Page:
July 26th, 2016



by Christopher Walsh, 7/16/2016-7/26/2016

There's a window. There's part of the roof below it.
Slanted just slightly: enough for care, not enough to be dangerous.
Solid and strong, because hey, it's a roof.
There, then. Leg over the sill, foot on the shingles
(holding onto the frame: balance!)
And the other leg. Done.
Here's a view birds and squirrels get.
Ten or more feet above yard, sidewalk, and road
And a quick trip to that yard, sidewalk or road if not careful
As gravity gets a little more room to pull you.
Respect that, and you earn that view.
Stand with legs wide, or, even better, sit. Maybe lie down.
Enjoy the angle.
Closer to tree branches that maybe the local cats can reach.
Higher above fences and their patterns.
Some sights will be unexpected:
Farther houses (they're THAT close?)
Certain bugs closer to you than normal
Gutter leaves — wait, they're expected.
Maybe some sensations:
Residual heat from a day's worth of absorbing,
Sounds of walking and running inside and below,
A less obstructed breeze.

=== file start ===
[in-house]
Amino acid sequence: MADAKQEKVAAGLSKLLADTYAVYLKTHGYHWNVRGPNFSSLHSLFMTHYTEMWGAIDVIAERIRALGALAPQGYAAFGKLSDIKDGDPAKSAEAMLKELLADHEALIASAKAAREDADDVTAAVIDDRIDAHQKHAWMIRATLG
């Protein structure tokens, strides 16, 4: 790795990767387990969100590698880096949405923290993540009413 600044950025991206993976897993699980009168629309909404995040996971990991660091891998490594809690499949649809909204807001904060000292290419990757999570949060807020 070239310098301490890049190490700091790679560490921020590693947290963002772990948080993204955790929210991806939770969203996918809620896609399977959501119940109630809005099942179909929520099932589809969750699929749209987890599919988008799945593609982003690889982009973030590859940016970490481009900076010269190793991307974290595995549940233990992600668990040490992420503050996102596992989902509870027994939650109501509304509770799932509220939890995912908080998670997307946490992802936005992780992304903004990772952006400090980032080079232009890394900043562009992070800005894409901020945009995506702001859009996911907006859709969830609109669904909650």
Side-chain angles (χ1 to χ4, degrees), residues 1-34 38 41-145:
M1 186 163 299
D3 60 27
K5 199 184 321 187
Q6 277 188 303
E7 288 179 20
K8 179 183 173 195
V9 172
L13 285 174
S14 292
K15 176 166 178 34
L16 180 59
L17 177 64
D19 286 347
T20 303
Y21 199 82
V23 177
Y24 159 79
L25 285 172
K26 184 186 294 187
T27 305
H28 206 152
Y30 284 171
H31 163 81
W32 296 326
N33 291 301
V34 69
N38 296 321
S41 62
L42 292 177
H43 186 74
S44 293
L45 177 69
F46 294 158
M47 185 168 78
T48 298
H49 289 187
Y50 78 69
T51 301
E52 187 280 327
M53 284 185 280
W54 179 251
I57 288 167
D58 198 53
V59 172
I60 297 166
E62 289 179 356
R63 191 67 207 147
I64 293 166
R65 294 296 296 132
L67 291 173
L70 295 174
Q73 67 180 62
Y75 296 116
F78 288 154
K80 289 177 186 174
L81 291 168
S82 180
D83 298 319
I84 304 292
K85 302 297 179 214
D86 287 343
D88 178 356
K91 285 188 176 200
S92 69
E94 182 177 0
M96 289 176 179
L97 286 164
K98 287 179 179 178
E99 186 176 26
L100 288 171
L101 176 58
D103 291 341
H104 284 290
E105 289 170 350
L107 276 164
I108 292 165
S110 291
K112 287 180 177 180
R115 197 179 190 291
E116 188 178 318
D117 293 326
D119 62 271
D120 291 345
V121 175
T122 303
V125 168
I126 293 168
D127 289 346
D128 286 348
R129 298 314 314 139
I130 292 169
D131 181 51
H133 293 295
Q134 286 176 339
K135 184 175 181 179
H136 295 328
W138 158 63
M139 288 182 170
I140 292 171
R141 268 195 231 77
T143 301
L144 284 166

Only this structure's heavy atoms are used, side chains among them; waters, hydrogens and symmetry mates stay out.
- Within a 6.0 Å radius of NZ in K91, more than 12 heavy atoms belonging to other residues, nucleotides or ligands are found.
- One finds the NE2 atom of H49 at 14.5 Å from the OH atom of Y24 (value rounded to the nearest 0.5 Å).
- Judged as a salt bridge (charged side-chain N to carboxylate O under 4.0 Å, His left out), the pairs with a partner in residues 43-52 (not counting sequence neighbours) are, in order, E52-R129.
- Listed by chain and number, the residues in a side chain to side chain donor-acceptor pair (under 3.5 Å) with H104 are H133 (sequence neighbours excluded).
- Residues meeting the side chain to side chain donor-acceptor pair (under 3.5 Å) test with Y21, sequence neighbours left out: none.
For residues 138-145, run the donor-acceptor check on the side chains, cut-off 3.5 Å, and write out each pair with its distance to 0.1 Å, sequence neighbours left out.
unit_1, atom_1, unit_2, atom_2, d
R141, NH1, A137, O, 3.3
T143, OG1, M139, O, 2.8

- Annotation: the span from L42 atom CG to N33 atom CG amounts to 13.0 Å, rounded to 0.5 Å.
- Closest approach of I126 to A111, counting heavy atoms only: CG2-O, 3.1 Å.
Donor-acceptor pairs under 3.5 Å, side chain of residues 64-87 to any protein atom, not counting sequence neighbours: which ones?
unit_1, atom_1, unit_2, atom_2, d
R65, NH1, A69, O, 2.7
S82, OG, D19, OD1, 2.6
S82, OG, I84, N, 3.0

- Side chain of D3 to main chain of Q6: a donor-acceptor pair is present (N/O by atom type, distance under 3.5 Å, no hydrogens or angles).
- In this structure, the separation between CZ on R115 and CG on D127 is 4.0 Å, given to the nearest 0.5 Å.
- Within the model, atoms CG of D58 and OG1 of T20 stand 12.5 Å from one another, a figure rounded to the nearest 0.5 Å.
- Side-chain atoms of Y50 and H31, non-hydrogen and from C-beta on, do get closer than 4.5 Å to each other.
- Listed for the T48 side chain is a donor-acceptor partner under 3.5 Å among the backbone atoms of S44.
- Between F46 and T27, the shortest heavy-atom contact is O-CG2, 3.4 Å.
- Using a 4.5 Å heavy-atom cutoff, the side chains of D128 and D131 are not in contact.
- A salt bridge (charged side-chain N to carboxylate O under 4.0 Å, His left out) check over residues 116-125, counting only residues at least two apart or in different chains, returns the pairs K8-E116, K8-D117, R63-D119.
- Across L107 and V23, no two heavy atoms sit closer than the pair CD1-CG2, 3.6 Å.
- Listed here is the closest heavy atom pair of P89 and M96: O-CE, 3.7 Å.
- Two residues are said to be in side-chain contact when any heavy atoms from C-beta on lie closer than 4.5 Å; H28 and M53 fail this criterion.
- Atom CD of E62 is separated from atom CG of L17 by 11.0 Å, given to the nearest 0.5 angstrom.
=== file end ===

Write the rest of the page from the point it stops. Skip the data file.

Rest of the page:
Make sure you look like you belong there.
Comfortably use this part of your house.
Don't look stuck.
Don't be stuck.
It can be liberating, being Up —
With your sight wider
As your home still cradles you.
This is just a different way.

© Christopher Walsh, 2016. Unauthorized use and/or duplication of this material without express and written permission from this blog’s author is strictly prohibited. Excerpts and links may be used, provided that full and clear credit is given to Christopher Walsh (chris_walsh) with appropriate and specific direction to the original content.
Summer Me


Yes, I have.

When my family lived in a house in Oakton, VA from 1987 to 1994, I lived on the top floor and had a bedroom window overlooking the backyard and the deck. A lattice-like framework was over the deck: not completely covering it, but strong enough to walk on, and that framework connected to lower parts of the roof. There's at least one picture of me sitting out there reading a paperback.

I liked getting up there; sometimes I did it at night. There was one night when I probably shouldn't have done that, though it worked out; while I was on the roof, I saw a helicopter circling, spotlight going past our neighborhood and the greenbelt areas and small lakes near it. Turned out the police were searching for an on-the-run suspect. What if they'd thought I was the suspect? I've seen films and shows like this. Me ducking back into the house then, heh, could've looked bad. I just stayed out there until well after the helicopter had moved on. That was my only brush with drama from sitting on a roof.

Two weekends ago while on a walk, I happened to see a couple of kids sitting on a house roof, just outside of the window they'd passed through and looking down on a SE Portland street. I liked seeing that and thought "I'll write about that." Thus, this.